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The Different Types of Crypto Wallets

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Many newcomers to crypto don’t examine the various options for storing their assets. Instead, they choose to keep their funds on crypto exchanges. We’re here to tell you that more reliable, convenient, and safer storage methods are available.

Crypto is always stored in a crypto wallet, even when an exchange manages it. Wallets are the primary tool for interacting with digital assets, and by communicating with the blockchain, they allow you to send or receive funds, check your balance, and more.

They also store the private and public keys needed to manage crypto. We will return to this later, but you should remember one crucial thing: you need a private key to access your crypto. If you lose it, you’ll lose everything.

What are the different types of crypto wallets?

There are all sorts of crypto wallets out there. Some wallets were created to store specific tokens, while others are multi-currency and can hold several types of coins and tokens. And the differences don't end there.

Hot and cold wallets

First, we can separate wallets into two categories: physical devices and software.

Software wallets are called hot wallets and include applications for mobile devices and computers, browser extensions, and wallets on exchanges. The “hotness” refers to the fact that they are always connected to the internet.

Cold wallets are often hardware solutions. These autonomous devices do not go online when you perform transactions using them.

Custodial and non-custodial crypto wallets

Crypto wallets can also be divided into two subcategories: custodial and non-custodial.

Custodial wallets

These crypto wallets are managed by a third-party organization (the custodian), such as a cryptocurrency exchange. The custodian manages the assets and stores comprehensive information about you, your funds, and your private key.

On the one hand, this is convenient. To gain access to a crypto wallet, you need a seed phrase. This sequence of words allows you to recover your private key and access the wallet, and it must be written down and stored securely. In the case of a custodial wallet, you don’t need to do any of this, as the custodian holds the private key. If you forget your password, you can recover it, log in, and then continue buying, selling, or transferring cryptocurrency.

The downside is that if the exchange is hacked and the private key falls into the hands of attackers, you can say goodbye to your crypto assets. Then there are the other “inconveniences”: the exchange may shut down “for maintenance,” and you won’t have access to your crypto until service is resumed.

Non-custodial wallets 

Non-custodial or self-custodial crypto wallet give you complete control over your private keys through the seed phrase, which allows you to regenerate your private key. With this kind of wallet, you are responsible for its safety and can manage your crypto assets independently.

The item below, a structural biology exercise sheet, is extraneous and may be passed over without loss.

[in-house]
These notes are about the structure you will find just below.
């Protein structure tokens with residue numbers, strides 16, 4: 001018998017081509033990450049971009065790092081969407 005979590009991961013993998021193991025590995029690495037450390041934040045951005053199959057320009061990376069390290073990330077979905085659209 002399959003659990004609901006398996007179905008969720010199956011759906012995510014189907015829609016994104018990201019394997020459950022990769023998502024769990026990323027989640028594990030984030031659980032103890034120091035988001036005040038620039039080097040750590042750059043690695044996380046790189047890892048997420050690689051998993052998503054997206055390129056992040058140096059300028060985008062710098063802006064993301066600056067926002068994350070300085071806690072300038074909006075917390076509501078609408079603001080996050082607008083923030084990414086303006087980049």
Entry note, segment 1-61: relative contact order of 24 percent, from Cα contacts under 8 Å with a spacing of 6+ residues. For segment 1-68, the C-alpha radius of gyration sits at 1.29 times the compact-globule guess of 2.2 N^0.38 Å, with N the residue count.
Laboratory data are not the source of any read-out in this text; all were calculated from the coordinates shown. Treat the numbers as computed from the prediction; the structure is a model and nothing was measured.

For example, a crypto wallet on Binance, Coinbase, or any other crypto exchange is a custodial hot wallet. This means the exchange manages your private keys rather than you, and the wallet is always “connected” to the internet.

On the other hand, MetaMask, Trust Wallet, and similar crypto wallets that function as applications are considered non-custodial hot wallets. This means you are responsible for managing the keys, but the wallet is still connected to the internet.
 

Advantages of non-custodial wallets

The primary advantage of non-custodial wallets is security and confidentiality. The keys are accessible only to the owner, which means the risk of crypto theft is lower. Additionally, you don’t need to provide personal information or undergo identity verification through Know Your Customer (KYC) checks to create a wallet and use crypto, as is the case on centralized cryptocurrency exchanges.

The main downside is that all the responsibility for the safety of your private keys lies with you. If you lose the piece of paper you’ve written the seed phrase and forget your wallet password, you won’t be able to restore access to your crypto. 

The most reliable and secure option is non-custodial cold wallets. These wallets cannot be hacked remotely; only you control the keys. In turn, this means that you alone manage crypto assets.

Conclusion

Some people believe that custodial wallets are more suitable for beginners and people who use P2P platforms, trade cryptocurrencies and carry out other transactions with cryptocurrencies regularly.

The best option is to store funds in a cold, non-custodial wallet. Tangem Wallet is one such example. Our wallet generates and stores your private key in the card’s chip, which never leaves. You can read about how this works in our previous article.

If you want to trade on a crypto exchange, there’s no avoiding hot wallets. Nevertheless, we don’t recommend storing funds on them. Keep the exact amount you need for trading on the hot wallet, and save the rest on a hardware wallet.